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History of the Milton Players

81 Years in the Making

Early in 1933, three young Milton men – John Powers, Roland Strong and Chandler Garland – with an intense interest in dramatic arts, set about contacting various residents with the idea of creating a theatre group within the town.

Of inestimable value to them was the advice and assistance of Mr. Ronald Bridges, a teacher at Milton High School. Enthusiasm grew among others in the town who were interested in all phases of drama.

There were 16 people present at the first meeting on October 6, 1933 at Mr. Bridges home. The purpose of the group was discussed and it was decided to study all areas of drama production with the view of having a well-rounded organization. Mr. Bridges was unanimously elected “Director of the Association,” and he, in turn, appointed Chandler Garlandas secretary and Roland Strong as treasurer. Meeting dates were set up and the new organization was on its way! Thus, The Milton Players were first established as a “study group.”

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Among several early problems to be solved was the need of funds for play books and materials for the model stage. It was voted to charge $2.00 per year for membership. Another sorry plight was in not having, at the start, many beautiful, young actresses. The solution for this was to appoint two ladies whose duty was to seek out young, pulchritudious females with the ability and desire to act (blondes preferred!).

By the group’s eighth meeting in January, 1934, the lure of the greasepaint and the “call of the boards” had become irresistable. It was then unanimously voted to accept an offer to perform three one-act plays to be presented in the Milton Woman’s Clubhouse for the benefit of the club’s scholarship fund. Mrs. Howard Draper was instrumental in bringing this action about, and she continued to contribute an inordinate amount over the years to the growth of The Milton Players.

If only those original three young men could only have had a crystal ball! They would have seen that from 1933 to 2014 there would be over 745 performances of some 211 plays (of which 19 were revivals) and 18 musicals, including such diverse productions from “Our Town,” “You Can’t Take It With You,” “Teahouse of the August Moon,” “The Odd Couple” (both versions), “A Funny Thing Happened On The Way to the Forum,”“Chicago” and “Little Shop of Horrors,” to “One Flew Over the Cuckoo’s Nest,” “To Kill A Mockingbird,” “Fiddler on the Roof,” “The Music Man,”“The Secret Garden” and “Dirty Rotten Scoundrels,” along with many other groundbreaking productions of which the Players are rightfully proud, as well as many drama competitions, flea markets, craft fairs and parades experienced. The Players also portrayed “Founders of the Town” in a performance in front of the Town Hall at Milton’s 325th Anniversary Celebration in 1987 and they even presented one production, “Picasso at the Lapin Agile,” – in the round!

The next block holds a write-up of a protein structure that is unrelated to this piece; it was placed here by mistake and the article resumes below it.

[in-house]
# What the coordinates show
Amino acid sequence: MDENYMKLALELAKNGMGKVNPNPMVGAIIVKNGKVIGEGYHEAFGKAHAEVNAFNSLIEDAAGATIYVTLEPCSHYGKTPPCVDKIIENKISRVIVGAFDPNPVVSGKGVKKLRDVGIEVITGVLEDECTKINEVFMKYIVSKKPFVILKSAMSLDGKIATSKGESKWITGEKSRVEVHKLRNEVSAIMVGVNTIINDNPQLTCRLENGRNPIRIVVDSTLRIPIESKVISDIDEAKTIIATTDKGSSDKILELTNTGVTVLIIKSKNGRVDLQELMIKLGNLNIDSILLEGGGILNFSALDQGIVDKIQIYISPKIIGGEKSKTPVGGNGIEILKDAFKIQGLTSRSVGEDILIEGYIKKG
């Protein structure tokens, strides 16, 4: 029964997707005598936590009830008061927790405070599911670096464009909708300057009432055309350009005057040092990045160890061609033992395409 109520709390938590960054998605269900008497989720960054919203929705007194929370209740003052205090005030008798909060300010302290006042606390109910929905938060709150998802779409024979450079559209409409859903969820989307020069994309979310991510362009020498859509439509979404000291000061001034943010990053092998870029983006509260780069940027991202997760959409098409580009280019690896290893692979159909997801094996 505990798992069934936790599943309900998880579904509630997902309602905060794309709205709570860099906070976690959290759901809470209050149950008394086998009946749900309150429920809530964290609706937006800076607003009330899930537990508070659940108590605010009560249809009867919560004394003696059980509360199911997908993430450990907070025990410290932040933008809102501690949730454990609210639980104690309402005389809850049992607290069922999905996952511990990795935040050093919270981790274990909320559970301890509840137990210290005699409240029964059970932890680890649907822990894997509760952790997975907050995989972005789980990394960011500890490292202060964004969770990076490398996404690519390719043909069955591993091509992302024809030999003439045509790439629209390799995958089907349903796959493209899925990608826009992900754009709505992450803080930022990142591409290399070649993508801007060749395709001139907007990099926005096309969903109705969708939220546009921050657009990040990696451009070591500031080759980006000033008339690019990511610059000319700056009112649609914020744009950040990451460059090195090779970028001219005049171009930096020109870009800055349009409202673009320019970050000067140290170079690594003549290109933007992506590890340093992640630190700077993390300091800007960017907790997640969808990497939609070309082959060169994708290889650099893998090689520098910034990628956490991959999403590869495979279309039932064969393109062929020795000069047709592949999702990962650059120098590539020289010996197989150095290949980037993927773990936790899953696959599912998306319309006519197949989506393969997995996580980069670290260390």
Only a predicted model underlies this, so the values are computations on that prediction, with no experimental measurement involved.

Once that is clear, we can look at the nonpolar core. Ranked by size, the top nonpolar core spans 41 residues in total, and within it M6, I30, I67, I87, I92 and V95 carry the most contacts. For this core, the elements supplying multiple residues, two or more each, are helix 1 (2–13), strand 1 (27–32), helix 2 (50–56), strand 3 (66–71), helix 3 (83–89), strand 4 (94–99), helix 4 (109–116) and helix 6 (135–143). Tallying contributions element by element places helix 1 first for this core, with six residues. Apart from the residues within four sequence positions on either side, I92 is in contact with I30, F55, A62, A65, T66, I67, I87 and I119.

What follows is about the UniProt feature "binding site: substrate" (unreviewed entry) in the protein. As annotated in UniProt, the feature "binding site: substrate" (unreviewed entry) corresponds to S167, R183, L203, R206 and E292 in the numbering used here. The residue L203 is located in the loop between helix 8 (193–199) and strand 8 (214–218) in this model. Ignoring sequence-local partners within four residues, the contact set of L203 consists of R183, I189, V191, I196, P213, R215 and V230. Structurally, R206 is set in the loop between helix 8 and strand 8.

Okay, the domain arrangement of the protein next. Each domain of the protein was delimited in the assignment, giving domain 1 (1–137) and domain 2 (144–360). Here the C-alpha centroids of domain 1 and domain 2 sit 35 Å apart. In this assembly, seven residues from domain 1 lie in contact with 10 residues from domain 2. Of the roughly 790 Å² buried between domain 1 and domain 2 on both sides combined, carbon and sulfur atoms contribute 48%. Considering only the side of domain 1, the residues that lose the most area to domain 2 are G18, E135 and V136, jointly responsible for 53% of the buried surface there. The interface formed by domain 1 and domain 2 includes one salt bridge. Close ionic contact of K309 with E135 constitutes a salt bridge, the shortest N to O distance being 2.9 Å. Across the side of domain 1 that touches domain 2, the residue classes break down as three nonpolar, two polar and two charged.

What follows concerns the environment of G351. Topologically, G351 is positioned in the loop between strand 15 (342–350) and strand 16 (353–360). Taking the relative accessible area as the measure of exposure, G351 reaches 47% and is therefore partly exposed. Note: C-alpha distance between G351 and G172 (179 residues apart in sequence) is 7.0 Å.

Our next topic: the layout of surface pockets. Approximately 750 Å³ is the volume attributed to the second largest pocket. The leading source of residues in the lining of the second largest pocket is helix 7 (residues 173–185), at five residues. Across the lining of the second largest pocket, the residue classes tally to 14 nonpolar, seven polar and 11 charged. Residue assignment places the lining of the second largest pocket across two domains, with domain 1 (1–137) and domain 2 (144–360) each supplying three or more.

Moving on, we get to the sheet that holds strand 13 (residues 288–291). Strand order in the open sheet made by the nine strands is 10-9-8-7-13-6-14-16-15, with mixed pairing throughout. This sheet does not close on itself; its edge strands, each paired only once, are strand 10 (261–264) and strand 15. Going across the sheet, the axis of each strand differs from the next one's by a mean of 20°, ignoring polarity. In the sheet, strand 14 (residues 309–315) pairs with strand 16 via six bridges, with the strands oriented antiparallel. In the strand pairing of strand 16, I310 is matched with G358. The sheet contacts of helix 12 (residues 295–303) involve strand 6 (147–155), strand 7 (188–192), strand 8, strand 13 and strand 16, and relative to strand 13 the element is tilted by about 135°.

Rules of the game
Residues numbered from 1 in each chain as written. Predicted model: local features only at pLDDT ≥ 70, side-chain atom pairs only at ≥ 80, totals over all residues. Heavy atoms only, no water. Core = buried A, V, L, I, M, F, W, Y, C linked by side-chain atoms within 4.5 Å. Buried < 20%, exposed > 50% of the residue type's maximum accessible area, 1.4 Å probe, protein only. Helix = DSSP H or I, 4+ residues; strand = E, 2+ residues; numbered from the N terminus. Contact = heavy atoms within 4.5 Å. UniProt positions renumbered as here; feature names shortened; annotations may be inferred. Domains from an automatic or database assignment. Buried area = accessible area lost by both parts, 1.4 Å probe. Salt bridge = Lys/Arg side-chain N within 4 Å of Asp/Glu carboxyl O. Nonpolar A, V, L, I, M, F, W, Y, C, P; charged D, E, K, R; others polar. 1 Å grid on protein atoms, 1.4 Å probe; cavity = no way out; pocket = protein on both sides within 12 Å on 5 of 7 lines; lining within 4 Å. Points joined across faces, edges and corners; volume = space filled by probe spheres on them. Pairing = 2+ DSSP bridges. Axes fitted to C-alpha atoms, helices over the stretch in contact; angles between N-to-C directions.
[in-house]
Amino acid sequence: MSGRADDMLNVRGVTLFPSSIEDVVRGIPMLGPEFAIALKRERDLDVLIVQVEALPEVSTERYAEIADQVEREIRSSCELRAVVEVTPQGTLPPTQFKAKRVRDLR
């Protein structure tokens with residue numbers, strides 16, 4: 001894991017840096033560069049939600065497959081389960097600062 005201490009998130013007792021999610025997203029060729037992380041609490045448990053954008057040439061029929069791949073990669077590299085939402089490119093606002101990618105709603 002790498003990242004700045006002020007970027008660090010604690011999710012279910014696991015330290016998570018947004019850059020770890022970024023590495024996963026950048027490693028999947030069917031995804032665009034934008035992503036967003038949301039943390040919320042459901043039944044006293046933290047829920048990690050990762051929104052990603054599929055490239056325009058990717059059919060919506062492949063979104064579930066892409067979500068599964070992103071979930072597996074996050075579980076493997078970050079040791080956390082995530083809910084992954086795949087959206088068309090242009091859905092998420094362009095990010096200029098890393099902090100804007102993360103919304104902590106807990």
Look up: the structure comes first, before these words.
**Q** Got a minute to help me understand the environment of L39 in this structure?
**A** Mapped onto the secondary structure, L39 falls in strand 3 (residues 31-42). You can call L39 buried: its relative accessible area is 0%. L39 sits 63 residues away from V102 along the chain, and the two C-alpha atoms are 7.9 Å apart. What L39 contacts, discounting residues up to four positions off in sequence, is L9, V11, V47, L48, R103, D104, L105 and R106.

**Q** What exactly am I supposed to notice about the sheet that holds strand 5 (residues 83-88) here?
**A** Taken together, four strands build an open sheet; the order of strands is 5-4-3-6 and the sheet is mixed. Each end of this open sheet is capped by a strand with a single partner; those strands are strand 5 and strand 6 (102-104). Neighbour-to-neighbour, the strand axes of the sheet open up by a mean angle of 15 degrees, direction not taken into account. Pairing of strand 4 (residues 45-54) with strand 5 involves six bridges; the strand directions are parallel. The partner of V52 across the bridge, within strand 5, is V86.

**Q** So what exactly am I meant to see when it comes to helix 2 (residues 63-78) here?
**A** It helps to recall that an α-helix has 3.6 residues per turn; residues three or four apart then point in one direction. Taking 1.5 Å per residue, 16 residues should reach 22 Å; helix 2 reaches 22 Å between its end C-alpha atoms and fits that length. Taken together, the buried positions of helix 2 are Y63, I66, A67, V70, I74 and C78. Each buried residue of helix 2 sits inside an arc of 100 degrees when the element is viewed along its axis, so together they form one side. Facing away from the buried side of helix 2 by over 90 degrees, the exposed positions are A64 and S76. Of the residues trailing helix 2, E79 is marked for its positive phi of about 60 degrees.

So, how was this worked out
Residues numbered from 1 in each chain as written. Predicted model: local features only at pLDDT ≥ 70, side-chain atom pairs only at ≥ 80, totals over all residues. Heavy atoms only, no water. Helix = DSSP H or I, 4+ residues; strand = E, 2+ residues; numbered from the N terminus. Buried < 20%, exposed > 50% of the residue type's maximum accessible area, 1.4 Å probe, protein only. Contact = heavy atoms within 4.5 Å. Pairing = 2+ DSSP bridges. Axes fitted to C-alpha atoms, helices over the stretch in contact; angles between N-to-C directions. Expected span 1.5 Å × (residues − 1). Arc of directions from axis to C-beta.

The group’s founders would also be proud of the philanthropic accomplishments of The Milton Players. Scholarships for Milton High School students, as well as equipment donations to the Milton Hospital and books gifted to the Milton Public Library and various other donations to other non-profit organizations in town offer evidence as to the Players’ support of the community.

There have been a few changes over the past 81 years. Incorporation occurred in 1982, ticket prices have inflated from the original 50¢ to $20.00 and there are more than enough beautiful actresses – it’s the many pulchritudious young males that are currently sought!

In 2013, the Milton Players probably made their biggest change – moving from their long-time home, the Milton Woman’s Club, to their new theatre, the Brayton School Auditorium at the Massachusetts Hospital School in Canton, Massachusetts. While sad to be leaving the location with so many wonderful memories, the Milton Players look forward to presenting even more exciting productions in their new theatre.

But whether it be 1933, ’63, ’83 or 2014, The Milton Players have always shared the same interest – love of the theatre, devotion to the community and a deep affection for other people. And the Players are very proud to continue to provide “Great Live Theatre Close to Home!”

– Marguerite Chapman, Peggy Murphy and Stephen Hamilton

(Written for the Milton Players Celebration 50, June 4, 1983, and updated June 20, 2013.)




This program is supported in part by a grant from the Milton Cultural Council,
a local agency which is supported by the Massachusetts Cultural Council, a state agency.

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The Milton Players
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